Florida Coastal School of Law, a Jacksonville-based for-profit institution, suffered a setback last month in its bid to reclassify as a nonprofit.
The law school’s application was rejected by its accreditor, the American Bar Association, last month in a confidential decision. But Florida Coastal, which has posted improved bar-passage rates after years of dismal numbers, says it’s full steam ahead on the push to go nonprofit.
“We’re focused on moving forward with this application,” said Peter Goplerud, Florida Coastal’s president.
The law school submitted a second application to the ABA last week and still hopes to reclassify as a nonprofit institution by next year.
The plans at the law school are indicative of the kinds of changes sweeping the for-profit legal education sector more broadly, some observers said.
The sector was already small to begin with. But in recent years, law schools operated by InfiLaw, Florida Coastal’s parent company, have closed or are in the process of shutting down. Charlotte School of Law shut down in 2017, and Arizona Summit Law School made plans last year to eventually close its doors. Other law schools, including Charleston School of Law in South Carolina and John Marshall in Atlanta, have made plans to convert to nonprofit status as well. A change in tax status means colleges are subject to fewer federal regulations. Those colleges also hope it would help enrollment.
While the number of new students entering law school has declined over all in recent years, the for-profit sector in particular has taken a big hit, said Kyle McEntee, executive director and co-founder of Law School Transparency, a consumer advocacy group that focuses on legal education.
“Schools didn’t have good outcomes, and the ABA was breathing down their necks with enforcement of standards. Students started voting with their feet,” he said. “For a for-profit enterprise, there are different expectations now.”
The law schools operated by the InfiLaw chain appeared to grow without regard to student success, McEntee said.
Those schools had some of the worst bar-passage rates in their respective states in recent years, although they were comparable to some poor-performing nonprofit institutions. Those outcomes led the Obama administration to cut off Title IV federal aid to Charlotte School of Law, an InfiLaw program in North Carolina that shut down in 2017.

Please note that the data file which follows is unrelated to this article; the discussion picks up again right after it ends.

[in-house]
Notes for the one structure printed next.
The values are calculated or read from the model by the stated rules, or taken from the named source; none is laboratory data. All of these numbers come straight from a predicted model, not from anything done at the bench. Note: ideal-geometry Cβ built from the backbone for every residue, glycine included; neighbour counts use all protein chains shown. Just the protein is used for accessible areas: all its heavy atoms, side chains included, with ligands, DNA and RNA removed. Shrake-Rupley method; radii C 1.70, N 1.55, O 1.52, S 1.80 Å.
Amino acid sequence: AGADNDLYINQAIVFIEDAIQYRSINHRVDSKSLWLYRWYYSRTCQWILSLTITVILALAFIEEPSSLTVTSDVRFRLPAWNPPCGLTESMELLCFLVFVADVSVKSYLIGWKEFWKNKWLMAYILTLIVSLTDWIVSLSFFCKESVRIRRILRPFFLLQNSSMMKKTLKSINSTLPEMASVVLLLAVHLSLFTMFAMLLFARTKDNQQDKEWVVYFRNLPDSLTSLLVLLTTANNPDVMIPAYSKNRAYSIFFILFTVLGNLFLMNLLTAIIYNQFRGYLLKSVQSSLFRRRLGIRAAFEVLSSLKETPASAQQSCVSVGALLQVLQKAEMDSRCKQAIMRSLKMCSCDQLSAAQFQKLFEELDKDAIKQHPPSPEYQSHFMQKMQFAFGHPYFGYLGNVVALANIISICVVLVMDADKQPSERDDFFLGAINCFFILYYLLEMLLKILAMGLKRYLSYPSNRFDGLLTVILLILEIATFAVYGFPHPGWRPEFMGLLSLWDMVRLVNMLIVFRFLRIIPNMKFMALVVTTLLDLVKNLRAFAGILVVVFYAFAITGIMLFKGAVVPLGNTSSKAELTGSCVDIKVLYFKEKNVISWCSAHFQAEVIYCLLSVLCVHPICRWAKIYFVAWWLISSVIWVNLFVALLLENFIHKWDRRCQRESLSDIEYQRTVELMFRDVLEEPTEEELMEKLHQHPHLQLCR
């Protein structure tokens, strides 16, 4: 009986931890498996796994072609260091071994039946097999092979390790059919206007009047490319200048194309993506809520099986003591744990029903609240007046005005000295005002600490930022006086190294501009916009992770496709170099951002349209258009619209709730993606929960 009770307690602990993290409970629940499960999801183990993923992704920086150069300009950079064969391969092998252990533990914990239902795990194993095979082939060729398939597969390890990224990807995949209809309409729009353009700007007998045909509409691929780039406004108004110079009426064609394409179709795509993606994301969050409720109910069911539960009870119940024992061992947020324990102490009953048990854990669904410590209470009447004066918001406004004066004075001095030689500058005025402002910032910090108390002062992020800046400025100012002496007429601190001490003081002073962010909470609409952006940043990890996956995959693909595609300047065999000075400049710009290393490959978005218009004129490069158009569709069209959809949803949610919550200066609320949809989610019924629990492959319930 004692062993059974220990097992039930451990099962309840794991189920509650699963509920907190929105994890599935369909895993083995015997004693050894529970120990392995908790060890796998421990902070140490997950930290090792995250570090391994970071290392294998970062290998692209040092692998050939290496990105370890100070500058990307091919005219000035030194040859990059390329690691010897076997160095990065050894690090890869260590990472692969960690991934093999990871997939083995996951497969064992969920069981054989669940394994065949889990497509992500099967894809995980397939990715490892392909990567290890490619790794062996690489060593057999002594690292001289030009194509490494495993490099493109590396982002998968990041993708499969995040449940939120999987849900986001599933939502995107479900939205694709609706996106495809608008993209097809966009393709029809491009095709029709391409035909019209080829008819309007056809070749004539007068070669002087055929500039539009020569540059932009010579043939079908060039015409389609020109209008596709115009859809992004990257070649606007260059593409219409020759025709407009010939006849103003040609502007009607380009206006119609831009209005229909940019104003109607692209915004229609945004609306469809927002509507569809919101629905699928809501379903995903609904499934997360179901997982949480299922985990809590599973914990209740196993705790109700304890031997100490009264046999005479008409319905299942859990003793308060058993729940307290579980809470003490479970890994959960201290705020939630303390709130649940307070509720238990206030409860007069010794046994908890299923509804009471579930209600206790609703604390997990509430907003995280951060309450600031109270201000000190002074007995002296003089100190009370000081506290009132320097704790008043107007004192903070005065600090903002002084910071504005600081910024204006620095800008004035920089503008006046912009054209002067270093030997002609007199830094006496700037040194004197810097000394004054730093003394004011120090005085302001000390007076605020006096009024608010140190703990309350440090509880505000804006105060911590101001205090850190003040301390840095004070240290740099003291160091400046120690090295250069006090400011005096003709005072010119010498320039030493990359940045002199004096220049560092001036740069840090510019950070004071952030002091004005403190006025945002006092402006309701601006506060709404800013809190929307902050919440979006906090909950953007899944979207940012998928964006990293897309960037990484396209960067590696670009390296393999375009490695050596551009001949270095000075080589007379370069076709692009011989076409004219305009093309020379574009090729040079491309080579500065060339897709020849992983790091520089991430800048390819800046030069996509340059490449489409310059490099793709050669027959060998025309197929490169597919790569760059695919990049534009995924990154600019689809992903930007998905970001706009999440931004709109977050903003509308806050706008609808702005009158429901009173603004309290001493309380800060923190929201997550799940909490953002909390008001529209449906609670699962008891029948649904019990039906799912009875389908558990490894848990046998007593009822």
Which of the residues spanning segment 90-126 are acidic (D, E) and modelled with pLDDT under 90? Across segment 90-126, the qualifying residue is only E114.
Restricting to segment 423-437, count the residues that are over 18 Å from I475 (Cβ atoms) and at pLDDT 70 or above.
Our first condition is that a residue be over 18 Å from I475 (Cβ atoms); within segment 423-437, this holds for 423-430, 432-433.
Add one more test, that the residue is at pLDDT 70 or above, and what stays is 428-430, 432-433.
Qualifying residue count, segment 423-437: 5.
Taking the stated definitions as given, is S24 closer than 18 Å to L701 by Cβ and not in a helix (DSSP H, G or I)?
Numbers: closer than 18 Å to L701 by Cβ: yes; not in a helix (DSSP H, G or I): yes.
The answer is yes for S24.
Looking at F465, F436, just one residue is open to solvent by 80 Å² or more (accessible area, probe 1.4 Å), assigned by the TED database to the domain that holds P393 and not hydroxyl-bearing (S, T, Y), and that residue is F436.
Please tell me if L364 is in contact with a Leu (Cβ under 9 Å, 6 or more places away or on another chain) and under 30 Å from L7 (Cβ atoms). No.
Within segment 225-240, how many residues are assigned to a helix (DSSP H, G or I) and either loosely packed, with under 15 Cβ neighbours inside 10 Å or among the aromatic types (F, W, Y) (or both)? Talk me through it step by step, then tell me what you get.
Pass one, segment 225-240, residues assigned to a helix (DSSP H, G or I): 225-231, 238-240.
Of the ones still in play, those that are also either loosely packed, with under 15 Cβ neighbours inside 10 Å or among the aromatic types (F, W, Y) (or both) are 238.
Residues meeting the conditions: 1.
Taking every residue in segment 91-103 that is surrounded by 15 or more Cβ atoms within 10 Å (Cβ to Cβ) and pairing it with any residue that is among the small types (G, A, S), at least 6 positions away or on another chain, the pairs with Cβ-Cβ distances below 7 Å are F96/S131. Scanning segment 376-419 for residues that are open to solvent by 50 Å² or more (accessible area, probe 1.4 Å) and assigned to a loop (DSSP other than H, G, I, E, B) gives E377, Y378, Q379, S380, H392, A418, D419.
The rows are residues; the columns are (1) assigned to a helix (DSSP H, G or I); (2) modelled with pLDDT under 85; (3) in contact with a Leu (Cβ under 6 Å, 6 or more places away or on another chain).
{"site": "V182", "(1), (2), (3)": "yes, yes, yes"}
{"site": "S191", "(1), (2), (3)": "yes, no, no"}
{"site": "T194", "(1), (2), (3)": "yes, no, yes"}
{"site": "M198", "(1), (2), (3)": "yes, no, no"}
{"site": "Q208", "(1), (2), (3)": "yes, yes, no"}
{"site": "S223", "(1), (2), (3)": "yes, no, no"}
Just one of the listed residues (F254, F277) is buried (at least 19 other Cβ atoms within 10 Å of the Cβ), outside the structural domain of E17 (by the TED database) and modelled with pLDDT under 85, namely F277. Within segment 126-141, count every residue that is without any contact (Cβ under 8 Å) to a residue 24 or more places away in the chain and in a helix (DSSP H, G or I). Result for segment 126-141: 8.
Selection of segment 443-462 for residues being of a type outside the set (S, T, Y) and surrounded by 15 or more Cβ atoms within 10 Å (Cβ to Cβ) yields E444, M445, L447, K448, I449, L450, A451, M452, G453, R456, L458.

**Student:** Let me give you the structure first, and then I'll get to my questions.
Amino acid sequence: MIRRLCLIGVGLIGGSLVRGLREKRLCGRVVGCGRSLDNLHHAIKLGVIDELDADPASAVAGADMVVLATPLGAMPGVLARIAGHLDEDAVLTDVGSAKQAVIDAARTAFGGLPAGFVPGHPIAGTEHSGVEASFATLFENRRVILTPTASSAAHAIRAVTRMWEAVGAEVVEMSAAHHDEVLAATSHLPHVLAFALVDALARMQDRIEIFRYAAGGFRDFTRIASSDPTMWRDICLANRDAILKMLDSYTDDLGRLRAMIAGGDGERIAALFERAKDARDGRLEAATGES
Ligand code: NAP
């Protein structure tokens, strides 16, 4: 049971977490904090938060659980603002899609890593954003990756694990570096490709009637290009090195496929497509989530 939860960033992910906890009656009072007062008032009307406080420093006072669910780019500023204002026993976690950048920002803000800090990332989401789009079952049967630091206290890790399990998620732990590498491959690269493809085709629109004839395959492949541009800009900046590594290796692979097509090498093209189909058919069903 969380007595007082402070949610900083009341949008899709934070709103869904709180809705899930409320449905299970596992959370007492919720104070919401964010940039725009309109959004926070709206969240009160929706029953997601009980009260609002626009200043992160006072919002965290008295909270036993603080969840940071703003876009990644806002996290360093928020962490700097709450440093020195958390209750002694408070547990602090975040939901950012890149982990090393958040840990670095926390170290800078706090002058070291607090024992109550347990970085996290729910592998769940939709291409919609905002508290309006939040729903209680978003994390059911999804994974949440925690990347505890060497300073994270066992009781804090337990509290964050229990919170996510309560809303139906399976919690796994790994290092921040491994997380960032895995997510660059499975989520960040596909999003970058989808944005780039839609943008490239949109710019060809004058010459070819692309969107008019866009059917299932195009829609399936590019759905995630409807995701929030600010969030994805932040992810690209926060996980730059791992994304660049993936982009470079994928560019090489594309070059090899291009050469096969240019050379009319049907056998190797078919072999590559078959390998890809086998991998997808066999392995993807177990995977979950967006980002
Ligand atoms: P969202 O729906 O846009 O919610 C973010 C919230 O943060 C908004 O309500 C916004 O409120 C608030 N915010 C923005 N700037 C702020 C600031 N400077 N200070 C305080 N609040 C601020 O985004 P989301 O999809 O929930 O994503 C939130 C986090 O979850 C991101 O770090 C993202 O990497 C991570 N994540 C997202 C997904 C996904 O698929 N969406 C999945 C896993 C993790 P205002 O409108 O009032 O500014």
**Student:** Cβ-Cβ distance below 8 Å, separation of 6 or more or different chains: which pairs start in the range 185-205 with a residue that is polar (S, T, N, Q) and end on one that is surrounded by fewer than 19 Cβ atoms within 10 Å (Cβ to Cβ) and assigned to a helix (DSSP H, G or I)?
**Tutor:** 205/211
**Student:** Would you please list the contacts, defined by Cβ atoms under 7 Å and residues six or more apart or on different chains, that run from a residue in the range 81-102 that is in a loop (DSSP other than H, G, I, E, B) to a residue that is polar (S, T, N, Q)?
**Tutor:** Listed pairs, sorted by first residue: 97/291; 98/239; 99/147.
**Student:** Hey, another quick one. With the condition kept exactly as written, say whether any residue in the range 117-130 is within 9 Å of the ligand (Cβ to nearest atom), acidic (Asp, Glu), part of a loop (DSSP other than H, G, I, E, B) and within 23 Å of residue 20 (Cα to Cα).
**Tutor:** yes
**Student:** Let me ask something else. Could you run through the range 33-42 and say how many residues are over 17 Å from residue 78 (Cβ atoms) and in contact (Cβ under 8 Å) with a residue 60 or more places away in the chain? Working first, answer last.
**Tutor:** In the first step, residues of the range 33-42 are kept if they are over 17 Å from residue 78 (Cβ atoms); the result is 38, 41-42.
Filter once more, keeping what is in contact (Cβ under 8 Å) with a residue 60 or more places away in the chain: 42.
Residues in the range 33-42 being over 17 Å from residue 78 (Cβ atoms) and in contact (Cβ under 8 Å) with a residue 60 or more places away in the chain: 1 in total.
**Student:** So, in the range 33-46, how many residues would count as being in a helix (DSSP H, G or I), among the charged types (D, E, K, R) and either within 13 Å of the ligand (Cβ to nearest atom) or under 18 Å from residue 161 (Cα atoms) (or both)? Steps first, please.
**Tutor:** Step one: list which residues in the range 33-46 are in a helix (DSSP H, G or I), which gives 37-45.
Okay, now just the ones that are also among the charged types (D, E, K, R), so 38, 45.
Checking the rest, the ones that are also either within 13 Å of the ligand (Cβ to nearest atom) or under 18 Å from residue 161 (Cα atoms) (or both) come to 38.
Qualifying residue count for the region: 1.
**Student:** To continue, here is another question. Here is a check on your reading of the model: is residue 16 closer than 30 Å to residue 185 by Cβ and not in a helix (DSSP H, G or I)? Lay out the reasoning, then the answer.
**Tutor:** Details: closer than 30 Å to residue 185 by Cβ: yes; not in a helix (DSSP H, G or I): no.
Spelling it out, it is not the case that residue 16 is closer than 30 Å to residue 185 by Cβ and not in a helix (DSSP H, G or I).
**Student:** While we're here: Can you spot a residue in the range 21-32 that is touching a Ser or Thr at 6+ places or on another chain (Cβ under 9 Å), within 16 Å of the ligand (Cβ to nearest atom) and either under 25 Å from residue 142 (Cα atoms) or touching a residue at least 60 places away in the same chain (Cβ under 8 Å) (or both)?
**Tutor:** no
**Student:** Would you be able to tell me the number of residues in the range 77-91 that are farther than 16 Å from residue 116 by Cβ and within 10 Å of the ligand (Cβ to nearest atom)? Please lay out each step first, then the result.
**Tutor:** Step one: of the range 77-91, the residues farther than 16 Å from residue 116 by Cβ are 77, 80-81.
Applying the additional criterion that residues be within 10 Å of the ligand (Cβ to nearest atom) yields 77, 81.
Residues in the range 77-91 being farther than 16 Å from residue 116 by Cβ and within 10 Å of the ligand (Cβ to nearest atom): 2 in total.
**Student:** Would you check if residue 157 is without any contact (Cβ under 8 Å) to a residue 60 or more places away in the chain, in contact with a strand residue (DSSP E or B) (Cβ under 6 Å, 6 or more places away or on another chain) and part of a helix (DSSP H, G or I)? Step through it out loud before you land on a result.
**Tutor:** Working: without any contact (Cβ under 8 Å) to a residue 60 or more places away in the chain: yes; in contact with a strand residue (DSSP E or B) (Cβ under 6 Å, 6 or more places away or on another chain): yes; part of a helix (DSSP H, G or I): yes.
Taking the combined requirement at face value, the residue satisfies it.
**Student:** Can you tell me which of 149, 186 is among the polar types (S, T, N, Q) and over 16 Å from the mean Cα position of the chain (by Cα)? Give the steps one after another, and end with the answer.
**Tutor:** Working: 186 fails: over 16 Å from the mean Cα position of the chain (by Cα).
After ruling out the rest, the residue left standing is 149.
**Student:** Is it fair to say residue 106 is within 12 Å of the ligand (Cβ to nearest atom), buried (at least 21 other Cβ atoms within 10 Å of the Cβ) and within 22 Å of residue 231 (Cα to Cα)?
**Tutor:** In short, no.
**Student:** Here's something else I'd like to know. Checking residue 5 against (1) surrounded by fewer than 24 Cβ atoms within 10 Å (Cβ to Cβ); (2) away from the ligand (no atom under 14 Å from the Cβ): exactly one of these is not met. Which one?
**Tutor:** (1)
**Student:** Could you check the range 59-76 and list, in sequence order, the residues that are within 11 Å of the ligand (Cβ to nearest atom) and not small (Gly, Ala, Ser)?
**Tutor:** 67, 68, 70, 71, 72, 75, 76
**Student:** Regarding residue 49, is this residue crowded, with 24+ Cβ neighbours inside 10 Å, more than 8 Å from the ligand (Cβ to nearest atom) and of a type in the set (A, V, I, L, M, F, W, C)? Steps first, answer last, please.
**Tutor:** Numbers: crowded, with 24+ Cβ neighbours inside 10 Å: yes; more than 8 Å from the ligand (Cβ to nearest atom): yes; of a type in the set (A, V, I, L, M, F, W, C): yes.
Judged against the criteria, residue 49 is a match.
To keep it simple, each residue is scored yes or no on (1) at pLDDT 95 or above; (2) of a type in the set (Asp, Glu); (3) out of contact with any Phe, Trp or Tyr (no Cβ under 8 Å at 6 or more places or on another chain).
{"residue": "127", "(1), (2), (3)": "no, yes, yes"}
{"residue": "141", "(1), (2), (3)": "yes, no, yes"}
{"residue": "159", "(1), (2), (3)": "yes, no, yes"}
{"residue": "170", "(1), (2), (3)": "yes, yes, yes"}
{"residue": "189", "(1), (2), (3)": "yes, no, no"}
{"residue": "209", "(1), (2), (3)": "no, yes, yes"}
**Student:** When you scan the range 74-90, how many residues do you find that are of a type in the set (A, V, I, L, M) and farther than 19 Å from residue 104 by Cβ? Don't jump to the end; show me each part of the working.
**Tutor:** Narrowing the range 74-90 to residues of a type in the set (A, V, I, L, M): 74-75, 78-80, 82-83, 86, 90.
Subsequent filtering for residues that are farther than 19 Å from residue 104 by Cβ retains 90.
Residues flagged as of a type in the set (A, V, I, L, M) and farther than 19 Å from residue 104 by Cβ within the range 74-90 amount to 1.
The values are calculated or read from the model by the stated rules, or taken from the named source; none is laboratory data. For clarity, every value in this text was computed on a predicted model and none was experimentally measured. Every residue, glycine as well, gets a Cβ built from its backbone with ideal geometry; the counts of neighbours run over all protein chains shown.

But Florida Coastal, after seeing its bar-passage rates fall below 50 percent two years ago, made a 15-point jump to 62 percent earlier this year. In July bar-passage results, the law school topped 70 percent. Florida International University College of Law had the best results in the state, with a 95.7 percent bar-passage rate.
Scott DeVito, the law school’s then dean, announced in February that Florida Coastal would try to convert to nonprofit status. That process would begin with clearance from the ABA, the school’s accreditor, and will require the approval of the Department of Education, the IRS and Florida state regulators as well. Going nonprofit would allow Florida Coastal to fundraise and help it to recruit new students, Goplerud said.
“Our market research indicates that students are still much more interested in nonprofit entities, particularly in legal education,” he said.
Some legal education observers are skeptical of those arguments.
“In the for-profit college context, these deals have protected the financial interests of investors,” said Brian Galle, a professor at Georgetown University Law Center.
In recent years, going the nonprofit route has become increasingly popular among the for-profit sector writ large, not just law schools. Among the high-profile nonprofit conversions, Grand Canyon University, one of the most successful for-profit colleges, announced last year it had cleared regulatory hurdles to become a nonprofit. Grand Canyon sold its campus and academic operations to a new nonprofit entity that contracted with the remaining corporation to provide a range of support services.
Florida Coastal leaders envision a different relationship with potential servicers providers.
“There would be a greater level of independence and much more of an arm's-length relationship between the school and the services provider than in the Grand Canyon situation,” Goplerud said.
(Note: this article originally misstated plans to contract with InfiLaw as a servicers provider.)
Bob Shireman, director of higher education excellence and senior fellow at the Century Foundation, said it’s incumbent on accreditors like the ABA to scrutinize whether such proposals to go nonprofit seriously change the structure of a college or university so it doesn’t continue to answer to outside investors.
“If a contract puts a straitjacket on the nonprofit’s ability to decide what’s best for students, then it’s not really operating as a nonprofit. It’s operating as a for-profit in a nonprofit shell,” he said.